• Camera video: Look at the key frame ratio in Camera -> Stats. Anything less than 0.5 may provide a bad experience. Set Key frame interval = fps, e.g. 15.

Gotcha 6: Console - Live view

Reported issue: Camera streams are lagging or sluggish or high latency on the console

Fix:

Video path: Camera video -> Decode -> Console view

Almost always, camera streams are sluggish because BI is not receiving enough key frames (i-frames). Need to alter encoding settings on the camera (Camera video node in video path)

As stated above, key frame ratios less than 0.5 lead to sluggish cameras.

Rule of thumb: Make sure the key frame (i-frame) interval on your camera equals the FPS for the camera. The only reason you would consider increasing the interval is if network bandwidth is becoming an issue.

Furthermore, keep settings simple such that all the streams have the same FPS. Choosing between 30 fps or 15 fps is a user preference. Setting all streams to have the same fps makes time reconciliation easier for BI. Turns out certain vendors like Hikvision set different fps (10, 15) for different streams. Different fps settings unnecessarily complicate multiple streams for BI.

Examples:
  • Camera fps = 30. key frame interval = 30 (1.0 fps). Can consider key frame interval as high as = 60 (0.5 fps)
  • Camera fps = 15. key frame interval = 15 (1.0 fps). Can consider key frame interval as high as = 30 (0.5 fps)
Every camera vendor has a different UI. However, observe the default settings for the i-frame interval for each of the streams for the camera vendor (below). All the streams are 15 fps. However the i-frame interval is 30/60/120! The only setting that may provide an ok user experience is the main stream and most users will record D2D for the main stream. If dual streams are connected, the live view will probably be choppy, slow, sluggish! The i-frame interval for the two streams chosen to be used by BI for below example needs to be lowered to 15.
key-frame-sample_optimized.png
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CPU maxed out

The other reason for lagging camera feeds in live view is the cameras are high resolution and the BI server cannot keep up. If your CPU is running above 80%, it is working too hard. In my opinion, above 50% is concerning. My CPU with (4) 2 MP cameras (I know, not much) hovers around 8%.

Below are the general steps to tune your system if you want to confirm everything is setup optimally.
  • For all the high res (2MP+) cameras you need to have dual streams. (In regards to the Video path, you are adjusting the Camera video node in the video path)
    The IP Camera Connections article walks through best practices on how to do so.
  • Record direct to disk not re-encode. Saves CPU usage.
  • Turn on hardware acceleration if you have it. (Adjusting the Decode node in the video path). See Streaming Overview article for details.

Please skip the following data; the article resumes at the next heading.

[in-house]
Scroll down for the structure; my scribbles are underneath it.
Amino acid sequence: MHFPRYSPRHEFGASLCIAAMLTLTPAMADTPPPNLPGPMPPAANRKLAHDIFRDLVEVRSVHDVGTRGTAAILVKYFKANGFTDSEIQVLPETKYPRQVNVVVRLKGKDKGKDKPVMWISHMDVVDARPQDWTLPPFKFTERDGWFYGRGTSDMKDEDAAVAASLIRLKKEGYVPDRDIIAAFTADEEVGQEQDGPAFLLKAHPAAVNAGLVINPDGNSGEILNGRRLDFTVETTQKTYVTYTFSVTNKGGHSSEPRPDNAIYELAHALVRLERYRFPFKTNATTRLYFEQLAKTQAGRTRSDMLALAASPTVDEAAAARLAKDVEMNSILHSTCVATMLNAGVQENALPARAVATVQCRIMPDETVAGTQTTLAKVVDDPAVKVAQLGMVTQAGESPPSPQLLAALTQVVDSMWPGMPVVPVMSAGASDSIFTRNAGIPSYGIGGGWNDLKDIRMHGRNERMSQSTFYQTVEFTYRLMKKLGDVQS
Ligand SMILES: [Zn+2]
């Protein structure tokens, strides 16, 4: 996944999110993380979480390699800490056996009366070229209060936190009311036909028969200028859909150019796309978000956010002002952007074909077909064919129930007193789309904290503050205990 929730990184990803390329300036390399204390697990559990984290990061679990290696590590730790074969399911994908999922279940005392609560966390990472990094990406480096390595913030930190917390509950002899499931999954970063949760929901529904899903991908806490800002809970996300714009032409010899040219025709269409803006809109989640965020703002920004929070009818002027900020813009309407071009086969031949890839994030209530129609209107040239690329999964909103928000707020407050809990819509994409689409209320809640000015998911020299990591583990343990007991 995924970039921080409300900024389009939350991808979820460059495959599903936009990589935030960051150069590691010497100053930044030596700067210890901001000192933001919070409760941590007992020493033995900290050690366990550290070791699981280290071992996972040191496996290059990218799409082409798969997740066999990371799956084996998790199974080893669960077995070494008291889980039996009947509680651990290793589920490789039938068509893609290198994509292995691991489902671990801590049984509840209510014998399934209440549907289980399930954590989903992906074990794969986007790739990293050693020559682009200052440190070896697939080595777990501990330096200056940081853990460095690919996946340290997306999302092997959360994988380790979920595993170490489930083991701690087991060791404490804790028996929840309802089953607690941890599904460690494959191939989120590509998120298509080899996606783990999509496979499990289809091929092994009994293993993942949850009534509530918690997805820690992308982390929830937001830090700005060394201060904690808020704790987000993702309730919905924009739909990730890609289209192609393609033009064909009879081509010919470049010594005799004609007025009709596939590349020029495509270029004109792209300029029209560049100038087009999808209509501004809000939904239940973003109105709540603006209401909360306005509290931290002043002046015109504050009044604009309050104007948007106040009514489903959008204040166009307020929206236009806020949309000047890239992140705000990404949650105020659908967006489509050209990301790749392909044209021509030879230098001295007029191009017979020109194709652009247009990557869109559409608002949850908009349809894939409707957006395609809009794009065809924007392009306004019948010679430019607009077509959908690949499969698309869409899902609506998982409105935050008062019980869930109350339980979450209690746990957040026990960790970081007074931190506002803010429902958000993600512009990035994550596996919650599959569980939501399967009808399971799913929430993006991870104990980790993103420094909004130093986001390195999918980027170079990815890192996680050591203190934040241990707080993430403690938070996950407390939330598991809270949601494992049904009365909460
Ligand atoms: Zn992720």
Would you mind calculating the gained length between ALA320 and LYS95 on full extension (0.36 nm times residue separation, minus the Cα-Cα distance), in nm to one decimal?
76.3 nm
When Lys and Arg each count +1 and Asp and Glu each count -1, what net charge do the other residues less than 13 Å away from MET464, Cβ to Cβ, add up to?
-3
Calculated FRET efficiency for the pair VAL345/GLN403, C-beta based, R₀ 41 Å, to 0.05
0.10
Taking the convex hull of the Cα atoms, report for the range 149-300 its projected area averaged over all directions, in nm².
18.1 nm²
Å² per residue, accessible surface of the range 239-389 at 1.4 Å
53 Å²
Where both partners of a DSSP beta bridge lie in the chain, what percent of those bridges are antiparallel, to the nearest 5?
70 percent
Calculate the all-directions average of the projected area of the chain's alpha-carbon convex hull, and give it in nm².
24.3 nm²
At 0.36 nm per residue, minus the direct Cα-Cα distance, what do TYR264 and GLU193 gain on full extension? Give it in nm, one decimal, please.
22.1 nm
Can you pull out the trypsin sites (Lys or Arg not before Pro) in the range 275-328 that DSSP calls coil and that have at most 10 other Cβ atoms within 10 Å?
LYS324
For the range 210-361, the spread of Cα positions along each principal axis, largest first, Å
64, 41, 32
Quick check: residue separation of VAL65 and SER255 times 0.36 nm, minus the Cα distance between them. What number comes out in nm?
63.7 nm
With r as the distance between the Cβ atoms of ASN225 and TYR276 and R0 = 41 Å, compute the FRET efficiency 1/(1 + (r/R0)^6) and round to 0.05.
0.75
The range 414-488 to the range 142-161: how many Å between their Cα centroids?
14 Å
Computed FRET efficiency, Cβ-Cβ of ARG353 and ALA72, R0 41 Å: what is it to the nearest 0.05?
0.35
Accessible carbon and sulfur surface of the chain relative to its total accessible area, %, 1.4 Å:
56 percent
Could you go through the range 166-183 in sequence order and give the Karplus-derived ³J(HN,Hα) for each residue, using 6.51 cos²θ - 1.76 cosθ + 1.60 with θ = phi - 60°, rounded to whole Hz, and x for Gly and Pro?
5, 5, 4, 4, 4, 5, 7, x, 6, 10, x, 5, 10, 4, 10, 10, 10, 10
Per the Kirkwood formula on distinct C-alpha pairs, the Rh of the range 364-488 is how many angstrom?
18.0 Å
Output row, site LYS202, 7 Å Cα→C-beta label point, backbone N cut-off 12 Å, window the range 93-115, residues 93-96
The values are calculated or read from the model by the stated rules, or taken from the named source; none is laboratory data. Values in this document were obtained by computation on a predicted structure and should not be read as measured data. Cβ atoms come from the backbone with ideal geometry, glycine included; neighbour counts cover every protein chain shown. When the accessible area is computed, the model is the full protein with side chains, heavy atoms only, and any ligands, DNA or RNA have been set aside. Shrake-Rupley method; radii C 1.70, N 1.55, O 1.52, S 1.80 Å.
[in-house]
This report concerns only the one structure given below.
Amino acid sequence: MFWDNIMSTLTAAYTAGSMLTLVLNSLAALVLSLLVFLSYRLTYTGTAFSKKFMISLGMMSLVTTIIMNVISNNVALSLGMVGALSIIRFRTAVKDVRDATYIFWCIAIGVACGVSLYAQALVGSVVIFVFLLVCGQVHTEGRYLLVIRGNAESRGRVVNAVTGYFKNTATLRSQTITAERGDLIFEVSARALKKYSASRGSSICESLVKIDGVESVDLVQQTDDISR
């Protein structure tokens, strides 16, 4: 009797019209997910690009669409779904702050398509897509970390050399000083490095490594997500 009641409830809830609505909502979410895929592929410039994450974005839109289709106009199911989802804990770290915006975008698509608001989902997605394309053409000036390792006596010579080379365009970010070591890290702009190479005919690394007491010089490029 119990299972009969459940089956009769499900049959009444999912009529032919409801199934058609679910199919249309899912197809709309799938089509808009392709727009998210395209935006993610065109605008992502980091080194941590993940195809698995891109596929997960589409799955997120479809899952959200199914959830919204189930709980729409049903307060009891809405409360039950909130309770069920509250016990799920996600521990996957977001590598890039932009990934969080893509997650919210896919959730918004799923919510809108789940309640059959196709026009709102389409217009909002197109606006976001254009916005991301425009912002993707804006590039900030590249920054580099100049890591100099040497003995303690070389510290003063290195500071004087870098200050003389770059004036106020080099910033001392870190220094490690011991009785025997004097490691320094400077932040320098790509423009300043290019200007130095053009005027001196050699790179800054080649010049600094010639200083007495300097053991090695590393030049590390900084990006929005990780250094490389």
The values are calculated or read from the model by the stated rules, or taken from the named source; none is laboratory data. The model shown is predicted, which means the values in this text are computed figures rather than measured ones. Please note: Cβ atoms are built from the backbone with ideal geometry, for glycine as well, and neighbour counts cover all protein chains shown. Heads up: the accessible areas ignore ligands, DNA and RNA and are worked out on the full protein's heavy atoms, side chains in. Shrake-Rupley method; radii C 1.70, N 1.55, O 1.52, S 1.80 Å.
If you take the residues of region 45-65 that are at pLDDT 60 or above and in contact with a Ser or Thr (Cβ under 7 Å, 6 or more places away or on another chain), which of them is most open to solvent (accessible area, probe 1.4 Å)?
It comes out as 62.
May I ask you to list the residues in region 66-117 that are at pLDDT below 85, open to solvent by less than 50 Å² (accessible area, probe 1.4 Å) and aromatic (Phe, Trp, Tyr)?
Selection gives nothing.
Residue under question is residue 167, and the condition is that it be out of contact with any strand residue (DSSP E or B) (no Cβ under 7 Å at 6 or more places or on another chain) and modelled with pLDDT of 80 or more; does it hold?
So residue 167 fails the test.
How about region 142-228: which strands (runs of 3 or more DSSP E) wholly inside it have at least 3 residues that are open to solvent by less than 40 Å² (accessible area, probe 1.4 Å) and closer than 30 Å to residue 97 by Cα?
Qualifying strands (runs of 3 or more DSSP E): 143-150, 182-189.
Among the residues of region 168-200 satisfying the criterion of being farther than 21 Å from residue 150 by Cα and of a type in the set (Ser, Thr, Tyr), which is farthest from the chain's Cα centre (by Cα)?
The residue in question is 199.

Gotcha 7: Console - Live view

Reported issue:
  • Stuttering at common intervals, e.g. every 1 or 2s.
The fix:

Video path: Camera video/feed -> Decode -> Console view
  • Camera feed: Change stream setting from Constant Bit Rate (CBR) to Variable Bit Rate (VBR)
    Suppose a key frame is sent from the camera every 1s. If the CBR setting is too low, then the camera needs to perform image optimizations to get the frame across the network. Those optimizations lead to the glitches. So simply changing the camera setting to VBR instead of CBR should resolve the issue. In general, setting your cameras with VBR is a better user experience. CBR should only be considered if you have network bandwidth issues.


Gotcha 8: No signal / Loss of signal

The No Signal error can be due to so many issues, we decided to make it a separate article! See Camera Troubleshooting: No Signal Error / Loss of signal



Next steps / Submitting a Ticket
At this point, if you cannot get a good quality stream, provide the following information:
  • Make / Model of camera.
  • Identify any errors in the Status -> log.
  • A screen shot of your camera stats. Status -> Camera tab.
  • The article mentions many checks to resolve the issue. List out what you tested and results. In particular, what are the video stream settings in your camera (encoding, fps, i-frame interval etc). This gives us better insight as to what may be the issue.
  • Send the .reg file for one of the problematic cameras. (Camera settings -> General tab -> Export button) Not necessary to send all the cameras .reg file. Fixing one often leads to cut/paste fixes for the others. There should be no privacy concerns. Unless the cameras are on the internet and we know the WAN address, camera access is impossible.
  • Put the camera on the internet for remote access/testing. We would be happy to do some remote testing.  Could you please send a WAN address for this camera for testing purposes with necessary ports, usually just 80 and 554 (RTSP) and 8999(ONVIF if available).  Don't forget a temp login as well. If you put the camera on the internet we can take a look.  This video explains how to do so. To be clear, we need direct access to the camera, not the BI web interface.